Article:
Involved in his community, loved by friends and family, Bill Ensign touched lives in a meaningful way.
I was thrown together with the gray-haired man with the bright blue eyes early in 1986. We were cast in the 30-minute play "You Didn't Know My Father" for what was then Family and Children's Services of Chattanooga.
The play, which touched on the difficulty of end-of-life issues, was performed at area churches, schools and civic organizations. It had already been in production when I joined the cast.
But Bill Ensign, who died in Maryville, Tenn., earlier this week, was quick to assure me that, no matter how new I was, whatever ability I had as an actor was better than his. He was just doing this, he said, because they needed somebody, and he was willing.
Sincere and thorough in his role, his talent hardly matched his self-deprecation.
It wasn't long before I realized this man was the father of two high school classmates -- his daughter a year ahead of me and his son a year behind me. I had worked closely with daughter Lee on the high school yearbook staff, while my sister was a closer friend of son Bill.
Bill's wife, Elaine, we eventually remembered, had even driven me home from kindergarten a time or two after the interstate's construction had forced us to move from Missionary Ridge -- where we lived across the street from the school -- to a neighborhood some miles away.
In time, Elaine and I were cast together in the Family and Children's Services family violence play "Fairy Tale," where I was a vulgar-talking, abusive husband, and she was the nosy neighbor who overheard the fights with my wife.
Eventually, Family and Children's Services dropped "You Didn't Know My Father" from its rotation of plays. But the Ensigns continued to be friends, eventually incorporating into that friendship -- I was introduced to her at another FCS play venue -- and my son.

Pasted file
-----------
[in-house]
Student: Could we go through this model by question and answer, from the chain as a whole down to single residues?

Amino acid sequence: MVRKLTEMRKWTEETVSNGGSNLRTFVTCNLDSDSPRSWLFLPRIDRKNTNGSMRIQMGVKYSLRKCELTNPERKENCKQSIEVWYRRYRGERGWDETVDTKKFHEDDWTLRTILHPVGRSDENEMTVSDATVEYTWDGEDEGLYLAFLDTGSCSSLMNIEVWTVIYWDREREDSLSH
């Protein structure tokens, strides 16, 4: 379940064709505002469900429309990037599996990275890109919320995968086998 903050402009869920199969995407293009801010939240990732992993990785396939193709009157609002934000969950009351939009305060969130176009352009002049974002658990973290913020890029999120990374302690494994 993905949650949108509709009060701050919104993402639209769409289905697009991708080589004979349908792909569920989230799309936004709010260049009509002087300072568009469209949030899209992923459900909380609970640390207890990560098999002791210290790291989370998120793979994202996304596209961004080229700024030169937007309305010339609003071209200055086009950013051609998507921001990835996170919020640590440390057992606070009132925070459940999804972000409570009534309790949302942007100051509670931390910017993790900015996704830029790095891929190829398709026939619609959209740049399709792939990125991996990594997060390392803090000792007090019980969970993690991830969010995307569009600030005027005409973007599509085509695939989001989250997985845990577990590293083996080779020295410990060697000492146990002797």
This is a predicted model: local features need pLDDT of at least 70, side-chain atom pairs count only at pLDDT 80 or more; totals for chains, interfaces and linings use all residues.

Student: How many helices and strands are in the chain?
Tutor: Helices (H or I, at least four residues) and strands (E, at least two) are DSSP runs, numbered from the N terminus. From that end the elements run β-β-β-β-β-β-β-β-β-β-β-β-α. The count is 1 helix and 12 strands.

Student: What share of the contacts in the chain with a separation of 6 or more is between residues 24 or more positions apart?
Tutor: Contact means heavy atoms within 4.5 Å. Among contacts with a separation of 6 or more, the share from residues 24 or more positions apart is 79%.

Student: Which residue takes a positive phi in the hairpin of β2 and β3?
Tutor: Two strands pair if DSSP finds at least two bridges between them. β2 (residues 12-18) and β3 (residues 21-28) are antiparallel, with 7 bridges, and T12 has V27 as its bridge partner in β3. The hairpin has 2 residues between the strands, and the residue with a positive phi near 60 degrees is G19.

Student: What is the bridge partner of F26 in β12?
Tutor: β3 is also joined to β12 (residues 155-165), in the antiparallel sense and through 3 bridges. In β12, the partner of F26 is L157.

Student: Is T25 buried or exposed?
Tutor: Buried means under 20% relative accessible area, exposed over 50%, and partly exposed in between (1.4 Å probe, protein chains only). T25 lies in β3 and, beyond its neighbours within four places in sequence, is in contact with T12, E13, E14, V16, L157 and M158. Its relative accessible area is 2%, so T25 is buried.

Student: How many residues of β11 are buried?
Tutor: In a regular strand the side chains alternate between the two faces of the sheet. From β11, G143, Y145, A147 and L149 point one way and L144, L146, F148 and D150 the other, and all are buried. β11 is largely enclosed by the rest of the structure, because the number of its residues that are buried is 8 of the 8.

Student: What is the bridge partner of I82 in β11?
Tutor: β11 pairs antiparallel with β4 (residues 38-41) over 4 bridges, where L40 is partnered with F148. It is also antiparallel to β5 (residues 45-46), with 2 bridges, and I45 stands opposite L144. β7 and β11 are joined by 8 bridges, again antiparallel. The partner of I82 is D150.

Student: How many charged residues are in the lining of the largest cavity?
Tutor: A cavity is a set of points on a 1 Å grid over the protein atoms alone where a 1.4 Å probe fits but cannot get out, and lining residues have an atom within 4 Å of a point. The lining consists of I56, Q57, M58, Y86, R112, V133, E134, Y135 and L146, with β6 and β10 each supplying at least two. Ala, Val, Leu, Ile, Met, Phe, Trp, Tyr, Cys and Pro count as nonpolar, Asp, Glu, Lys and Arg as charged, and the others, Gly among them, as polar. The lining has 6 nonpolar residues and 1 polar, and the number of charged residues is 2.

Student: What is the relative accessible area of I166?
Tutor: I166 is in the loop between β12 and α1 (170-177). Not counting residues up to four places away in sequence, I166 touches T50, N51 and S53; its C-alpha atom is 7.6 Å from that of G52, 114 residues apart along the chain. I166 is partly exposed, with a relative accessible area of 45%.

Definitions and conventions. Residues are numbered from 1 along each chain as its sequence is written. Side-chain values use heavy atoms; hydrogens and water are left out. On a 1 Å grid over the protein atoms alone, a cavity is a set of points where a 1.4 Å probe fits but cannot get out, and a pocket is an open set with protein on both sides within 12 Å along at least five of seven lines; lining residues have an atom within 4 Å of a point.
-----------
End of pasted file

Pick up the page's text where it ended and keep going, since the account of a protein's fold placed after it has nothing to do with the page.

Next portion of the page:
The volunteer drama effort for the couple was hardly the limit of their community involvement. Bill once served on the board of Chattanooga City College, a junior college which merged with the University of Chattanooga to form the University of Tennessee at Chattanooga in 1969.
After Bill's retirement from the Tennessee Valley Authority, the couple consulted with several nonprofit agencies -- including Habitat for Humanity, Family and Children's Services and Venture 2000 -- on organization effectiveness.
They were also dedicated members at Northminster Presbyterian Church.
Bill, a certified Master Gardener, also passed along his passion for gardening by working with inner-city schools to establish flower and vegetable gardens.
Through our association with the Ensigns from the plays, we felt fortunate to be included in many New Year's Eve gatherings at their lake home in the 1990s. They had taken a small cabin with a beautiful view that they expanded and turned into a warm, comfortable retirement home. The Ensigns served soup at these affairs, and everybody else contributed some sort of leftover Christmas goody.
My wife and I were often the youngest people among couples closer to our parents' generation, but Bill and Elaine never saw age, color or social status among the people they befriended.
On a Facebook post earlier this week, his son said of his father -- who always seemed to have a twinkle in his eye and looked like he was up to something whenever you saw him: "He touched the lives of those around him in a deep and loving way and will live on in the thoughts and actions of those that knew him well."
The New Year's Eve events ended when the Ensigns moved to Maryville to be closer to some of their children, but we never pass Dec. 31 without thinking of this special man.
Contact staff writer Clint Cooper at email@example.com or 423-757-6497. Subscribe to his posts online at Facebook.com/ClintCooperCTFP.